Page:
Sally Ooms has been a print journalist for 30 years—a reporter, correspondent and editor for publications in Oregon, California, New Mexico, Colorado, Missouri and Kansas. She has covered spot news, government, education issues, the arts, mental and other health concerns, business, sports and local crises during times of war, and has written hundreds of feature articles and investigative reports. Among the publications she has worked for are: the Sacramento Bee, the Las Vegas Daily Optic, the Albuquerque Journal, the Santa Fe New Mexican, New Mexico Business Weekly, Springs Magazine (Colorado Springs), the Kansas City Star and The Sun newspaper (Johnson County, KS).
Concurrently, she put out a monthly publication for the Sacramento River Delta in the 1970s; was the publisher of a visitor’s guide to Northeastern New Mexico in the 1980s; and worked as a business writer researching topics of interest to the banking community in New Mexico and El Paso in the 1990s. Also in the 1990s, she did public relations for the United World College of the American West in Montezuma, NM, an international school for teenagers from around the world.
She has received awards for editorial writing, spot news, features and investigative reporting from the Associated Press of New Mexico, the New Mexico Press Association and New Mexico Press Women. She served on the board of the New Mexico Press Association and was the president of the Associated Press Advisory Board in New Mexico.
After attending the University of Barcelona, she worked as a teacher in Spain and traveled in Europe for three years. She studied literature and writing at the University of Missouri, Stanford University and the University of Oregon; and holds a Bachelor of Science degree in public administration from the University of San Francisco.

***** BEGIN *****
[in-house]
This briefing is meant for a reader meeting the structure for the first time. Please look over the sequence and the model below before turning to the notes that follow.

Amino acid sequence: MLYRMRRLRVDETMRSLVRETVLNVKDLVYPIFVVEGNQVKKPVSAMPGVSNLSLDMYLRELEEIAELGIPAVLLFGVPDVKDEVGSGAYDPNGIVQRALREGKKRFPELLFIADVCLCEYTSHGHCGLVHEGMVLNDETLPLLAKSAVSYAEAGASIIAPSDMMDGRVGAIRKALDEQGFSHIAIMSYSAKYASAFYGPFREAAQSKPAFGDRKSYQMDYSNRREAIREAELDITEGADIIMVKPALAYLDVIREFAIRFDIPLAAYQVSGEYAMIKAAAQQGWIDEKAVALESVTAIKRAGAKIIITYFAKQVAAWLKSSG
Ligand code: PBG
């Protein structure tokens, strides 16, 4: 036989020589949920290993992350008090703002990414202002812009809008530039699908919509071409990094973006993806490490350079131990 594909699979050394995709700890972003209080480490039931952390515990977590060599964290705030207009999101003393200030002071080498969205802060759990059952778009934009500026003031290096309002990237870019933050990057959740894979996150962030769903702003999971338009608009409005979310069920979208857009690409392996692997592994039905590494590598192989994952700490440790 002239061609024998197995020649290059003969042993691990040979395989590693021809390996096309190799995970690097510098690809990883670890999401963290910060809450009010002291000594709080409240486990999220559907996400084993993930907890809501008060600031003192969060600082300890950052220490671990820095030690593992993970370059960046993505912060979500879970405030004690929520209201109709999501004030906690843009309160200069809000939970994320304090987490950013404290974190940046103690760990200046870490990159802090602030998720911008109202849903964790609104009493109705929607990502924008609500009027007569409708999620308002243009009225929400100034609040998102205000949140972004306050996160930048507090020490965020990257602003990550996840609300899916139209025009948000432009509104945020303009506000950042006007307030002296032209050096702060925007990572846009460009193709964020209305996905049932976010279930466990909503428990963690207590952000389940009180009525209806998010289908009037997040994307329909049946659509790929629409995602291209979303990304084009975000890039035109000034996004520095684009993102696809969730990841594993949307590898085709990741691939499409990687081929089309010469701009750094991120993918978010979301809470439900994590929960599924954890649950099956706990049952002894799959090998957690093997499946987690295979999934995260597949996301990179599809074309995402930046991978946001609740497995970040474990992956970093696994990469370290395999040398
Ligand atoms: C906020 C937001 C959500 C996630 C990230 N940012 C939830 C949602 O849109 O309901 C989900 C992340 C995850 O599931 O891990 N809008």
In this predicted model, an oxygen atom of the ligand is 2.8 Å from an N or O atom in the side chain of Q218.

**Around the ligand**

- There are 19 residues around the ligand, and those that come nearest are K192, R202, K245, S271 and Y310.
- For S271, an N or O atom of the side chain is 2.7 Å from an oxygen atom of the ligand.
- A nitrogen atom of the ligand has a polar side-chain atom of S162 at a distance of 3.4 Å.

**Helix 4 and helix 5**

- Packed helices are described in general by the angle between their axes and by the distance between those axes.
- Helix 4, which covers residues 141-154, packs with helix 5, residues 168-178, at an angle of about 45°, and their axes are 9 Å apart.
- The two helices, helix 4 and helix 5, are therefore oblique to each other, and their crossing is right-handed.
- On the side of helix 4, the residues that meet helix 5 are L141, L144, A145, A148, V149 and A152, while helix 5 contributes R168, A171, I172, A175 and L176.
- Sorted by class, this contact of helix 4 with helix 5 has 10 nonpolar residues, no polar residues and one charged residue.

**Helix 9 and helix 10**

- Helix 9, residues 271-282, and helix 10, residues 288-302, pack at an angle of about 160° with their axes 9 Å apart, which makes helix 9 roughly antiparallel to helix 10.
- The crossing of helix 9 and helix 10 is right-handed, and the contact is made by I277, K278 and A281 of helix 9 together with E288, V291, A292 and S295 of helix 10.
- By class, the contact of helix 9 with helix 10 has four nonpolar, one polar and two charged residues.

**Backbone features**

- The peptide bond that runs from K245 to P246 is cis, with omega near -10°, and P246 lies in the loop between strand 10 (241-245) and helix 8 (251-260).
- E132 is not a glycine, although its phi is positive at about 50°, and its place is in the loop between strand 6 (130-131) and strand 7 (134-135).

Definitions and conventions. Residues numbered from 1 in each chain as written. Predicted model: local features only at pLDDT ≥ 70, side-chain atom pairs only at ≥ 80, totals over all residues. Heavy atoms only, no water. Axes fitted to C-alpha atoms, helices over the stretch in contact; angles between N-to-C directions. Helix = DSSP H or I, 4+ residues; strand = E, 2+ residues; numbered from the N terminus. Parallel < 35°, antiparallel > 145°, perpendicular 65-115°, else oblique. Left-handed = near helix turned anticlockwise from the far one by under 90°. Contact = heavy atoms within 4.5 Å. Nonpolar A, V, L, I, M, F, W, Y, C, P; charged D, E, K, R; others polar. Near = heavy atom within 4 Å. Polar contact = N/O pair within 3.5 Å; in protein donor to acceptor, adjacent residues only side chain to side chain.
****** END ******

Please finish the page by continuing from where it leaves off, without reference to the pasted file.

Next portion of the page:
She has given introductory speeches about Finding Home: How Americans Prevail to organizations like Veterans for Peace. She belongs to the Society of the Muse of the Southwest literary organization in Taos and has served as a volunteer coordinator for Amnesty International, a cook for homeless men in New Mexico, and a hospice volunteer for Crossroads Hospice in Kansas City, Missouri.
After several years of traveling for interviews with people who have been displaced, she recently moved to San Francisco to complete and publish the book Finding Home: How Americans Prevail.
She and partner Keith Palmer have ridden their BMW motorcycle from her hometown of Kansas City to Alaska, up and down the Canadian and American Rockies, to the North Shore of Lake Superior, and on trips around the Southwest. In 2007, they traveled both islands of New Zealand for seven weeks in a camper van, rode a motorcycle around Tasmania and spent a month wandering Australia.
A blues enthusiast, she recently started the New Mexico Blues Society with two friends. She is the vice president of the group.
The author has called 22 locations home and is now the owner of F and Main Gallery in Isleton, CA.